• 50.
    Ekstrand, Elisabeth
    et al.
    Department of Health Sciences, Lund University.
    Lexell, Jan
    Luleå University of Technology, Department of Health Sciences, Health and Rehabilitation. Department of Health Sciences, Lund University.
    Brogårdh, Christina
    Department of Health Sciences, Lund University.
    Test-retest reliability of the life satisfaction questionnaire lisat-11 and association between items in individuals with chronic stroke2018In: Journal of Rehabilitation Medicine, ISSN 1650-1977, E-ISSN 1651-2081, Vol. 50, no 8, p. 713-718Article in journal (Refereed)
    Abstract [en]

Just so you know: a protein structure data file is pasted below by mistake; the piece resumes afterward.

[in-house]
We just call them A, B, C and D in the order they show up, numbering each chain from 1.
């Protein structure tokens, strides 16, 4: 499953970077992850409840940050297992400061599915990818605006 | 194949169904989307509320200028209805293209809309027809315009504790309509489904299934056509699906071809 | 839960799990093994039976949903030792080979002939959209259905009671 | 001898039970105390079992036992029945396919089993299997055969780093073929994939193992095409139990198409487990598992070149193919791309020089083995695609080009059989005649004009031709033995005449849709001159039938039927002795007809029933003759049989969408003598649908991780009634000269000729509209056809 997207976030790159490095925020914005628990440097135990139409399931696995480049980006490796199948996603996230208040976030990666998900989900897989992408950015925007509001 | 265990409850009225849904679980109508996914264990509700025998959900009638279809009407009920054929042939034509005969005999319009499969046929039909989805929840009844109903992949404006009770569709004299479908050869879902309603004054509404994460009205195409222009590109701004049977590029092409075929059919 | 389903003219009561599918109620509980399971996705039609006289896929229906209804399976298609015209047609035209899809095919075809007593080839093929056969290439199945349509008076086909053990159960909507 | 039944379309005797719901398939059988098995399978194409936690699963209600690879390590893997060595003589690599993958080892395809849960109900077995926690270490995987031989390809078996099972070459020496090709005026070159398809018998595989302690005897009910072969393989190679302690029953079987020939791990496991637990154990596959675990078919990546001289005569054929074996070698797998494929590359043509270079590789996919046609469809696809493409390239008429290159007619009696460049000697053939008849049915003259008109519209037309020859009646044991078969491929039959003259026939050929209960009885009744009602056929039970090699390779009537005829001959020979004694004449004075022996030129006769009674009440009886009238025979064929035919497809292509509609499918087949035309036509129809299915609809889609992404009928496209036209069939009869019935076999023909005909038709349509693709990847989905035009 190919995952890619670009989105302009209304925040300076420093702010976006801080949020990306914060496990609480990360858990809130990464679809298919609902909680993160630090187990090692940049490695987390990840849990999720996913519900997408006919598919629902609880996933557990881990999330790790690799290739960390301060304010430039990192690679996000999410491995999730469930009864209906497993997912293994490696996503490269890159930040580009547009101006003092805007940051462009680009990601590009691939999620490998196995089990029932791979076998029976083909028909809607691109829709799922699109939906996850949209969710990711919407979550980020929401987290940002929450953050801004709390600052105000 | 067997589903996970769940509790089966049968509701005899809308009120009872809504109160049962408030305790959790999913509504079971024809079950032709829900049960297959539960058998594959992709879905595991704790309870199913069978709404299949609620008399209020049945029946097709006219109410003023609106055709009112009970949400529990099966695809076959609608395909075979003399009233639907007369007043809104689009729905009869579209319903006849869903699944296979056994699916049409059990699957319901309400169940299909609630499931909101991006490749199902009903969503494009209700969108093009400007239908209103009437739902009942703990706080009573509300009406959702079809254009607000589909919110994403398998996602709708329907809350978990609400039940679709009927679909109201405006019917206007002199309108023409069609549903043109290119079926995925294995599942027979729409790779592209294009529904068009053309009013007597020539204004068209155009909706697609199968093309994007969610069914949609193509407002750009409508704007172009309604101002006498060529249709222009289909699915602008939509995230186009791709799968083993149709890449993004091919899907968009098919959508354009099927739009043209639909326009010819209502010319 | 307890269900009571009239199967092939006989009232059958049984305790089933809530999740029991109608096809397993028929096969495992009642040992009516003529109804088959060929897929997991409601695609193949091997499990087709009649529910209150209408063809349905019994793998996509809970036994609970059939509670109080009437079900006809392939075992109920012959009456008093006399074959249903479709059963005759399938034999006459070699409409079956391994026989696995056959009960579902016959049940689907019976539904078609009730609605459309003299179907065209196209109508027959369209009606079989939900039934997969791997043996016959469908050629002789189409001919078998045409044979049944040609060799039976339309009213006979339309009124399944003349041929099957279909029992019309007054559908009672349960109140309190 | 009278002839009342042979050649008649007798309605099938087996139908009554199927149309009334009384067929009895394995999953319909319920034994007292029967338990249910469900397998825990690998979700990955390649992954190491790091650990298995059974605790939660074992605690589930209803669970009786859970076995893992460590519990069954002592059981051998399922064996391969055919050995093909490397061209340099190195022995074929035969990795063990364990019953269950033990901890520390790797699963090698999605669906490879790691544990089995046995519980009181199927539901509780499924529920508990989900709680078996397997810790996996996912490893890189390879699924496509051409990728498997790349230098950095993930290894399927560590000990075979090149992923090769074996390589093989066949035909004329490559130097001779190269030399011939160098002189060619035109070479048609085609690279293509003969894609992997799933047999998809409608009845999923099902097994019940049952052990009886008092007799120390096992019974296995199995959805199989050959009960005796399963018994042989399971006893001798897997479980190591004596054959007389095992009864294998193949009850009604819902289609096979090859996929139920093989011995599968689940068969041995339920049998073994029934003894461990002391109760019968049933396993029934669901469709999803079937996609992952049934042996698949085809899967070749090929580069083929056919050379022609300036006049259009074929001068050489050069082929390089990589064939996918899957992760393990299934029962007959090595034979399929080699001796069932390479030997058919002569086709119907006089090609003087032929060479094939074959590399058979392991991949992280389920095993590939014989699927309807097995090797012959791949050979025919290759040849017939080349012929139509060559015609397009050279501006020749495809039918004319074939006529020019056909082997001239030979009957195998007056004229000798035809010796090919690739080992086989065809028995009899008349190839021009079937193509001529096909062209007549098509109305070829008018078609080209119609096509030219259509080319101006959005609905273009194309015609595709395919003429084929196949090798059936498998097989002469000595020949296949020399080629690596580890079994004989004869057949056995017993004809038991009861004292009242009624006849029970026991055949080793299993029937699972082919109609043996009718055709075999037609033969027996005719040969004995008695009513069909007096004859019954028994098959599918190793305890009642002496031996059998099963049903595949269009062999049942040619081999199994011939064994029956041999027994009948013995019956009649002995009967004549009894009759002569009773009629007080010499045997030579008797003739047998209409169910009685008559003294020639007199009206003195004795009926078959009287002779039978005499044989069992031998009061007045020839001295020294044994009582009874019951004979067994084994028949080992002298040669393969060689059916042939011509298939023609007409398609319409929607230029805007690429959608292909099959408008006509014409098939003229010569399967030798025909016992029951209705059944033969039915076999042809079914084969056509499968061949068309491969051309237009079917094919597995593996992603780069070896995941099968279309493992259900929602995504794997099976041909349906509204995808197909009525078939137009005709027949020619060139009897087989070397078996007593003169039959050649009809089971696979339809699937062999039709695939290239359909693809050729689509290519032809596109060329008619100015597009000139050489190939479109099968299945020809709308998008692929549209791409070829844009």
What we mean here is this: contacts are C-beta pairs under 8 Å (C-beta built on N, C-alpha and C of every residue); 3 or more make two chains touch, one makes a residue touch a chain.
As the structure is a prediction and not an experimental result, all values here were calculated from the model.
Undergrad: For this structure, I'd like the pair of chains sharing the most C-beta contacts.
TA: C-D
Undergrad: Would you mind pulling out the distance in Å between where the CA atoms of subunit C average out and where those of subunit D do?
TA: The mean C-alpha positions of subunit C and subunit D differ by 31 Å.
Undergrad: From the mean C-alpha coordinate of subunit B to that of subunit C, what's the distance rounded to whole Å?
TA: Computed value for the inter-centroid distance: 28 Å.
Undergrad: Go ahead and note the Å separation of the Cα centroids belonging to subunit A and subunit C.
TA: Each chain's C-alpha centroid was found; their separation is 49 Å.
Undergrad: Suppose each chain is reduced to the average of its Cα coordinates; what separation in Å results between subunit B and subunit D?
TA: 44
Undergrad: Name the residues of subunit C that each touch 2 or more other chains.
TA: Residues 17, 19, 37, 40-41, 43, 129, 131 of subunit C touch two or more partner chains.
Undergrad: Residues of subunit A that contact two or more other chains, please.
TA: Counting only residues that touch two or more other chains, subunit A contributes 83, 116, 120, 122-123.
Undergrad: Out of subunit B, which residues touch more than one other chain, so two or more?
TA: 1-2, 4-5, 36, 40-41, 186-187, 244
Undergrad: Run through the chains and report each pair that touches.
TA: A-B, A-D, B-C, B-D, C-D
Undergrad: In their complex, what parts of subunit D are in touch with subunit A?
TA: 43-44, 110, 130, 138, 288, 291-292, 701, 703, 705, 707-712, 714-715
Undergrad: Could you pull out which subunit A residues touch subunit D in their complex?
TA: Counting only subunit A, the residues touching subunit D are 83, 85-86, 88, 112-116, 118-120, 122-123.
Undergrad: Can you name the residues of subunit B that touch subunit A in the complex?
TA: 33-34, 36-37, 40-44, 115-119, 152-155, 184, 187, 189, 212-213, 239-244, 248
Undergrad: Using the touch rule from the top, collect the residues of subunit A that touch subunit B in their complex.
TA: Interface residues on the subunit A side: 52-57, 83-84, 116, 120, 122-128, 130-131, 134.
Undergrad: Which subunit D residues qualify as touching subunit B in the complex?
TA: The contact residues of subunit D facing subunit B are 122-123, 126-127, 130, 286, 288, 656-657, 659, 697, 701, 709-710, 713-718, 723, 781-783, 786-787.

Objective: To evaluate the test-retest reliability of the Life Satisfaction Questionnaire (LiSat-11) and the association between items in individuals with chronic stroke. Design: Test-retest design. Subjects: Forty-five individuals (mean age 65 years) with mild to moderate disability at least 6 months post-stroke. Methods: LiSat-11, which includes 1 global item "Life as a whole" and 10 domain-specific items, was rated on 2 occasions, one week apart. Test-retest reliability was evaluated by kappa statistics, the percent agreement (PA) and the Svensson rank-invariant method. The association between items was evaluated with the Spearman's rank correlation coefficient (rho). Results: The kappa coefficients showed good to excellent agreement (0.59-0.97) and the PA <= 1 point was high (> 89%) for all items. According to the Svensson method, a small systematic disagreement was found for "Partner relationship". The other items showed no systematic or random disagreements. All domain-specific items, except one ("Sexual life") were significantly correlated with "Life as a whole" (rhos 0.29-0.80). Conclusion: LiSat-11 is considered reliable and can be recommended for assessing life satisfaction after stroke. The association between items indicates that LiSat-11 measures various aspects that can impact on an individual's life satisfaction.